Filip: A Polish Jew In Nazi Germany

Leopold Tyrmand (1920-1985), the scion of an assimilated Polish Jewish family, escaped into Germany, the lion’s den, as the Nazis carried out the mass murder of Jews in Poland during the Holocaust. After the war, he went back home and earned a living as a journalist. Stymied by the totalitarian nature of the postwar communist regime, he immigrated to the United States.

As a new American, he devoted himself to writing novels. One of them, Filip, fictionalized his experiences in Germany from 1943 onward, when he masqueraded as a French compulsory worker and only his closest friends knew he was Jewish.

Leopold Tyrmand

The Polish director Michal Kwiecinski has skillfully transformed Tyrmand’s novel into a feature film. Filip, starring the Polish actor Eryk Kulm as Tyrmand, is now available on Netflix.

It begins in the Warsaw ghetto in 1941, a year before the Germans deported more than 200,000 Jews to extermination camps in Poland. Filip, a performer in a cabaret, manages to escape after German soldiers open fire on members of the audience.

Landing on his feet in Frankfurt, he finds a job as a waiter in a luxury hotel catering to high-ranking German army officers. Ironically, the Polish man who was instrumental in finding him this cushy job is an antisemite. “I don’t like Jews, but I like you,” he says unabashedly.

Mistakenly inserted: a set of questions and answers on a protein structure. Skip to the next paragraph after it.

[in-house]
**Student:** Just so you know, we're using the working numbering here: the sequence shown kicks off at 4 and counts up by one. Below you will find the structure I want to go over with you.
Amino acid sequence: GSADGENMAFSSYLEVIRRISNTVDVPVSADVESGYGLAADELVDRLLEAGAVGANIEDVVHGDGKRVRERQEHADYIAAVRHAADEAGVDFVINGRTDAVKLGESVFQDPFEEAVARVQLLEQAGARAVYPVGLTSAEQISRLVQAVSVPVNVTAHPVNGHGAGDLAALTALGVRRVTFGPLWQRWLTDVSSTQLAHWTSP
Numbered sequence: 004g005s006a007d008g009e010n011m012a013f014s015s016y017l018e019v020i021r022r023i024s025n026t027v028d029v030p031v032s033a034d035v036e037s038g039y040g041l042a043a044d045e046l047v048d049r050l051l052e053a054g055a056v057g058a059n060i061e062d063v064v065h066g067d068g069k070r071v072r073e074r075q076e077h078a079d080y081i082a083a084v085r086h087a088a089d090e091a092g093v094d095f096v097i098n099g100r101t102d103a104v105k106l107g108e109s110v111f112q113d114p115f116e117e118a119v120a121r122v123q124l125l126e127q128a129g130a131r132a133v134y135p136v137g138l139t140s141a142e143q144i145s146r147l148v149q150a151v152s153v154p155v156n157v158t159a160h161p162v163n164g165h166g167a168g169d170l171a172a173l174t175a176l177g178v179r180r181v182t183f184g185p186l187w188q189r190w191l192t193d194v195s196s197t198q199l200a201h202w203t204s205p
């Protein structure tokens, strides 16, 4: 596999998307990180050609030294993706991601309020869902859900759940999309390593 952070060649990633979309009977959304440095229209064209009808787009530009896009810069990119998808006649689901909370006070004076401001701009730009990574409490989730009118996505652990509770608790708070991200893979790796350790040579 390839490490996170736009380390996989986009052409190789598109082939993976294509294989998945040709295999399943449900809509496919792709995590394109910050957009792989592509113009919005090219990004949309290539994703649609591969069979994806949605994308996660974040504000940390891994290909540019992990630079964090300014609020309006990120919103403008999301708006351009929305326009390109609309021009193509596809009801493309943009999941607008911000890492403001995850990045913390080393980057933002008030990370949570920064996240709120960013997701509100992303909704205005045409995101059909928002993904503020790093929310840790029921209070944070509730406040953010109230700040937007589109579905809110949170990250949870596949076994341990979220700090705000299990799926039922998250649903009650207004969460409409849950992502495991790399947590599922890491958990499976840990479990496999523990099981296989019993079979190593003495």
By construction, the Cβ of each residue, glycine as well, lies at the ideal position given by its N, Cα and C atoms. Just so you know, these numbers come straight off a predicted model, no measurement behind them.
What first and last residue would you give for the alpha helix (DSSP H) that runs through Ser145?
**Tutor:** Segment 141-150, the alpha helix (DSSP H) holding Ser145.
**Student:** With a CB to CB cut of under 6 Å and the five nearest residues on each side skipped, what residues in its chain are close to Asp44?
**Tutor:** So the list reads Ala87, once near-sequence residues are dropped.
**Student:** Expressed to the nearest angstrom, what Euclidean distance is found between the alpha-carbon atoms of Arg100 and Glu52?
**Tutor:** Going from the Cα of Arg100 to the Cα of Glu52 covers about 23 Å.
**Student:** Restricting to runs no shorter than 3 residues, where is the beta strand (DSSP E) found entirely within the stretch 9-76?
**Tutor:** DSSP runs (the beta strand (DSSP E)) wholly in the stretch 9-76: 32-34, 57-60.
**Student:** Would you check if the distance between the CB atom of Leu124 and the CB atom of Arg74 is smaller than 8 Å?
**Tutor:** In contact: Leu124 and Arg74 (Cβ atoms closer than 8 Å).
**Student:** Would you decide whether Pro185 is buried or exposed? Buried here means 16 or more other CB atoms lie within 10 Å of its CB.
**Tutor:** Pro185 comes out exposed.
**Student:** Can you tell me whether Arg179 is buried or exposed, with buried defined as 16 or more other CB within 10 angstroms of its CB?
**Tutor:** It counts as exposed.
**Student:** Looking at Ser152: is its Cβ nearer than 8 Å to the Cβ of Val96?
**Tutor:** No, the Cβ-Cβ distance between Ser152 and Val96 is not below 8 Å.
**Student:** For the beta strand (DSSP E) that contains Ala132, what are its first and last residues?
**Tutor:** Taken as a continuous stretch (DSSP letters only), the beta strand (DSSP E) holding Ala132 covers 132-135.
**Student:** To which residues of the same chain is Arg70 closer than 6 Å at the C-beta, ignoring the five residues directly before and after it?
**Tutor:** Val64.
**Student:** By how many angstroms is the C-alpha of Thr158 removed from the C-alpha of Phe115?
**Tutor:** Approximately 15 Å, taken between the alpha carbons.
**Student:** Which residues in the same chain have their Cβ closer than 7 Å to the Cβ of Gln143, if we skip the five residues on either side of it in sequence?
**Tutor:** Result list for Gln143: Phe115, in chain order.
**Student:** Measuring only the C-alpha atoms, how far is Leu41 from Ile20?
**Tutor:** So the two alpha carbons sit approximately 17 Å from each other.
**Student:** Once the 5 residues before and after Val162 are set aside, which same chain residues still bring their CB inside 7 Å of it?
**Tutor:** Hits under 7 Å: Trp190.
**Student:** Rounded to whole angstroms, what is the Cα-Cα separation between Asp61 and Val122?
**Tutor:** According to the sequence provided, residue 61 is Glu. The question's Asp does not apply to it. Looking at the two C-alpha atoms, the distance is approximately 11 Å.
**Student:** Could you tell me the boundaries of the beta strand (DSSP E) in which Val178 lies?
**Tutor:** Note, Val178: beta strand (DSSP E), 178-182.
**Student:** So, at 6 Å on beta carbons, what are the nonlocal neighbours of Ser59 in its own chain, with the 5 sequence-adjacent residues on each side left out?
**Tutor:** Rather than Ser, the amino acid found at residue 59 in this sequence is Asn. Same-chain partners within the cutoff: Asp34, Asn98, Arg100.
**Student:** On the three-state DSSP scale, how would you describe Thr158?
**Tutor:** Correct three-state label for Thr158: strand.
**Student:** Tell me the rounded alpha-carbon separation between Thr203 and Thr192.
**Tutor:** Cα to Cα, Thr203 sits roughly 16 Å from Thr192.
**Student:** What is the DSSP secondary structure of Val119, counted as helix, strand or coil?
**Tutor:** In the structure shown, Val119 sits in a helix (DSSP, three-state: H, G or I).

Like most of his fellow foreign workers, Filip despises the Germans. In one scene, they each spit into a cup of coffee to be served to the hotel manager.

Eryk Kulm, center, stars as a Polish Jew in wartime Germany

Although Filip is generally reserved, German women are attracted to him. One of his conquests, Blanka (Zoe Straub), knows he’s Jewish, but does not betray him. He romances an older married woman, but she repels him when she denounces Poles as dirty and primitive.

Zoe Straub and Eryk Kulm

Filip’s dalliances with German women earn him a beating from a German officer, but he is undeterred. Four other foreigners who have had intimate relations with Germans of the opposite sex are treated far more harshly.

He finds his true love in Lisa (Caroline Hartig), a young woman from a Nazi family. She initially resists his advances, but eventually she succumbs to his charms. He confesses he’s a Jew, but strangely enough, she is indifferent to his racial identity.

Filip convinces Lisa that they will be safer in another country, but their flight to France is delayed by an Allied bombing raid, and they remain in Frankfurt.

Due to an unsettling event that reinforces his animosity toward Germans, Filip sets off on a daring mission of vengeance. It establishes him as a cool, calculating, mindful person who won’t be discouraged by the odds arrayed against him.

By any yardstick, Filip is a straight-forward film that offers viewers dollops of high drama, action, sex and intrigue. From this perspective, it is satisfying and entertaining.